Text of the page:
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Dan Meridor Photo: Ido Erez
Dan Meridor Photo: Ido Erez
 
Sefi Rachlevsky Photo: Channel 33
Sefi Rachlevsky Photo: Channel 33
 
 

Meridor: This isn’t the Israel we know

Minister of Intelligence Services sees new amendment to Citizenship Act as causing Israel more harm than good, says state should not impose redundant notions on its minorities

Attila Somfalvi
Published: 10.11.10, 08:21 / Israel News

Opposition to the government's newly approved amendment to the Citizenship Act, which will require all non-Jews who wish to become Israeli citizens to pledge allegiance to a "Jewish and democratic" Israel, has been voiced by several Likud members, one of whom is Deputy Prime Minister and Minister of Intelligence Services Dan Meridor.

 

Prime Minister Benjamin Netanyahu's new direction, he told Ynet, will create "a different Israel."

 

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Meridor believes the new law will have two negative ramifications: "The first an internal one, vis-à-vis the Arab sector. This move is part of a series of actions which create an atmosphere of exclusion… This is not a security matter. The government is responsible for all citizens and it's wrong to create the perception that they are not part of the state on one hand, and demand loyalty on the other – that's a contradiction.

 

"This is the Jewish people' state. We've inscribed that in our Basic Laws. Do we really have to keep repeating it? It creates detrimental tensions," he said.

 

The second ramification Meridor warns of is the possible harm to Israel's international image: "We are in the midst of fighting a de-legitimization campaign against Israel, which is a huge danger. This fight has to be managed carefully and this is not helping us. No other nation mandates such a thing, why give anyone another thing to use against us?  


Devoid logic? The cabinet (Photo: AP)

 

"There are times when you have to pay a price for a result. We have nothing to gain here. There is no real problem. There aren’t millions beating down our door. There is no logic in paying a price when there is no problem. I see no good in this, only harm. This isn't the Israel we know."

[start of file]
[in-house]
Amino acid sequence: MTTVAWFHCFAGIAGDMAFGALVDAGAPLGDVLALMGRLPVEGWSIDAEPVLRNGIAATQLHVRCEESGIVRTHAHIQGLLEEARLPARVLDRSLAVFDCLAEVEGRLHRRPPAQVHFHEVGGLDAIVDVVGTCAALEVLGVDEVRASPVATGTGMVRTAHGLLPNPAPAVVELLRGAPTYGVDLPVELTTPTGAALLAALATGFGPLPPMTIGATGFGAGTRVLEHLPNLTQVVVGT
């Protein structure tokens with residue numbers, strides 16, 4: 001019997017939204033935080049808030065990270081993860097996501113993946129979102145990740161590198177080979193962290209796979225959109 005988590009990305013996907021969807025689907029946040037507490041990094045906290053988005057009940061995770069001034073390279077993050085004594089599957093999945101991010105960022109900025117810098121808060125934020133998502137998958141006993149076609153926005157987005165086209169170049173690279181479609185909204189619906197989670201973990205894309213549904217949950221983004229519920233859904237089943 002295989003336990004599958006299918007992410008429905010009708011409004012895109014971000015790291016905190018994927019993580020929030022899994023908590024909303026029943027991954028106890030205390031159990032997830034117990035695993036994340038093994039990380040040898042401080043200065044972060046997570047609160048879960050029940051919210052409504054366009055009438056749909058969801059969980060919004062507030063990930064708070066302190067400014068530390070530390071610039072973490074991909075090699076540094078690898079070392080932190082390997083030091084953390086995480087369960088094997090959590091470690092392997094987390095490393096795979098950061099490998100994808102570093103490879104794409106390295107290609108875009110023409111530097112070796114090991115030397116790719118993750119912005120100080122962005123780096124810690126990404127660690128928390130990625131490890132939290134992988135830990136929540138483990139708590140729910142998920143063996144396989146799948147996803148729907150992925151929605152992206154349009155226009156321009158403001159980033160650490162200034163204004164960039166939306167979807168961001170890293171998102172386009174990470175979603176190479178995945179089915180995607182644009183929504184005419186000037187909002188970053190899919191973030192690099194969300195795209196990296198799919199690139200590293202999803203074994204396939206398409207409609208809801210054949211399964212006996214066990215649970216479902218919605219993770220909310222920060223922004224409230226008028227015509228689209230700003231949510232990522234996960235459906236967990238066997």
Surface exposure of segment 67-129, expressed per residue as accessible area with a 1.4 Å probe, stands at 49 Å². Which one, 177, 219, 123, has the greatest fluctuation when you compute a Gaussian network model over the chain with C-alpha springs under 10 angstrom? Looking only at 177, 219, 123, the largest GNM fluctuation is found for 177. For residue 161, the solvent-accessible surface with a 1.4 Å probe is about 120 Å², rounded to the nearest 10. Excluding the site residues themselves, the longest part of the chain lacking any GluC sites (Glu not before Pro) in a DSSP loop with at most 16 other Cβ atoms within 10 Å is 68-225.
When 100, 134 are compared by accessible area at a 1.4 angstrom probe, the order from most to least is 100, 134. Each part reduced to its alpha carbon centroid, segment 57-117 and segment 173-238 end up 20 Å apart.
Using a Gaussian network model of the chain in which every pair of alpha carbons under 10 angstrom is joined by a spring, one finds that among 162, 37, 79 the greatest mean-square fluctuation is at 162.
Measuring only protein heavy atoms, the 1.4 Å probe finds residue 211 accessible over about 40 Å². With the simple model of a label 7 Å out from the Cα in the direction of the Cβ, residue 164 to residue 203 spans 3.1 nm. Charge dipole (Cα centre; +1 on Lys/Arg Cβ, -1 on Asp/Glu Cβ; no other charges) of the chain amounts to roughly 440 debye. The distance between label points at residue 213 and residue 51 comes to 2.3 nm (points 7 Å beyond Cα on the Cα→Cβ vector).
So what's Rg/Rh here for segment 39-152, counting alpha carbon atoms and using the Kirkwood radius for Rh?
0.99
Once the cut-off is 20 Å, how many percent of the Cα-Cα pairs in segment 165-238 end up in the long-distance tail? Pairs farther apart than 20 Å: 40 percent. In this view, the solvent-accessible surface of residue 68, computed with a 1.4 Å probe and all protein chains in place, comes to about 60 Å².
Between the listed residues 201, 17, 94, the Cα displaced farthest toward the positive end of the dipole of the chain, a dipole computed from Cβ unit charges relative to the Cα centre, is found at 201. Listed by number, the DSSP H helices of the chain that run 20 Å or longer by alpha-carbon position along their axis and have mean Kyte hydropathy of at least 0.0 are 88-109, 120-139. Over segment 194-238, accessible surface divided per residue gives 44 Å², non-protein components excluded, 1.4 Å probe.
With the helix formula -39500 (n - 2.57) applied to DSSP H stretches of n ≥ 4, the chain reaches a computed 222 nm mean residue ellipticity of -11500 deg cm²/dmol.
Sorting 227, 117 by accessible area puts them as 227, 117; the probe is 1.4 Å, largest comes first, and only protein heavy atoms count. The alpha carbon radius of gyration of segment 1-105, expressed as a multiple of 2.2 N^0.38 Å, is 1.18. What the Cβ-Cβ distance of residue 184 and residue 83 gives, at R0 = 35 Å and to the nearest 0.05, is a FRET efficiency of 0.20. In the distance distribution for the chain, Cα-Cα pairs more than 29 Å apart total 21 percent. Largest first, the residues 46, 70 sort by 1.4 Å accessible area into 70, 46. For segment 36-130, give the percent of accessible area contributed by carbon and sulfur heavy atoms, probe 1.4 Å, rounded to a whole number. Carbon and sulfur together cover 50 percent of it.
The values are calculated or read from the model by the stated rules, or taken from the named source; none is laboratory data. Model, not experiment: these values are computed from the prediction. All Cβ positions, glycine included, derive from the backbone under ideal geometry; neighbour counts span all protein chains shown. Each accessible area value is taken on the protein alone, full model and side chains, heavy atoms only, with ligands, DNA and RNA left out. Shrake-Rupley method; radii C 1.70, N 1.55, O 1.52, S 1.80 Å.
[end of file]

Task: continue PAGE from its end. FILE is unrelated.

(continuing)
Meridor also rebuffed MK Michael Ben Ari's (National Union) claims, that the government had de facto affirmed the political notions of the late Rabbi Meir Kahane, who founded the radical right-wing Kach Party in the 1970s. Kach was outlawed in 1994.

 

"The Likud is a liberal movement, not a nationalistic one. We aspire for a national liberal state, and we seek a compromise that will include minorities. You have to balance the national aspect with the humane one. The national aspect and human rights have to be balanced. When you have no state, you have to fight for it. When you have a state, it should not impose redundant notions on its minorities. We have already won the historic battle."

 

No legal problem

The amendment to the Citizenship Act does not contradict any of Israel's Basic Laws, and therefore the High Court is unlikely to squash it on appeal, top legalists told Ynet Monday.

 

The controversial aspects of the loyalty pledge are more social than legal, said a top legalist. "The law will not actually prevent anyone from obtaining citizenship. Knesset members and judges are not required to take a similar oath, and I can't understand why we should require people to do something the leaders themselves don't do," he said.

 

He too believes the new amendment will damage Israel's international standing: "Many will view it as racist. It's an unnecessary provocation."

 

"This is political-public problem not a legal one," added another senior legal expert. "The amendment does not contradict any Basic Law since it does not target a specific minority, so I cannot see how the High Court can negate it; but still, I fail to see the urgency in adding it to the legislation."

 

'A real sense of emergency'

Meanwhile, public uproar over the amendment is growing. Author Sefi Rachlevsky, one of the organizers of the "declaration of independents from fascism" – the banner under which a mass protest rally was held in Tel Aviv Sunday, told Ynet that the protest was the first in a series of moves meant to overturn the government's decision.

 

The authors, academics and artists who signed the declaration, believe that there is a public majority who will back them. "The very essence of democracy is that each person can have a different opinion and that you cannot impose general beliefs on individuals," he said.

 

"The fundamental thing here is protecting civil rights. Once you infringe on that or condition it, you venture into radical fascism." Today's politicians, he added, have lost all sense of measure: "They are exploiting the fact that we have no fundamental structure to tear our essence apart.

 

"This is not a fight between the Left and the Right, but between democrats and fascists. What are people like Meridor and (Minister of Minority Affairs Avishay) Braverman – who spoke out against this law – still doing in the government?

 

"The fact the Israel is become fascist and racist is our biggest threat," said the author, stressing that not all is lost. "Veering away from the democratic camp is isolating us for the West. We intend to keep this movement going. There is a real sense of emergency and we most definitely aim to win this."

 

Ronen Medzini and Aviad Glickman contributed to this report

 

 

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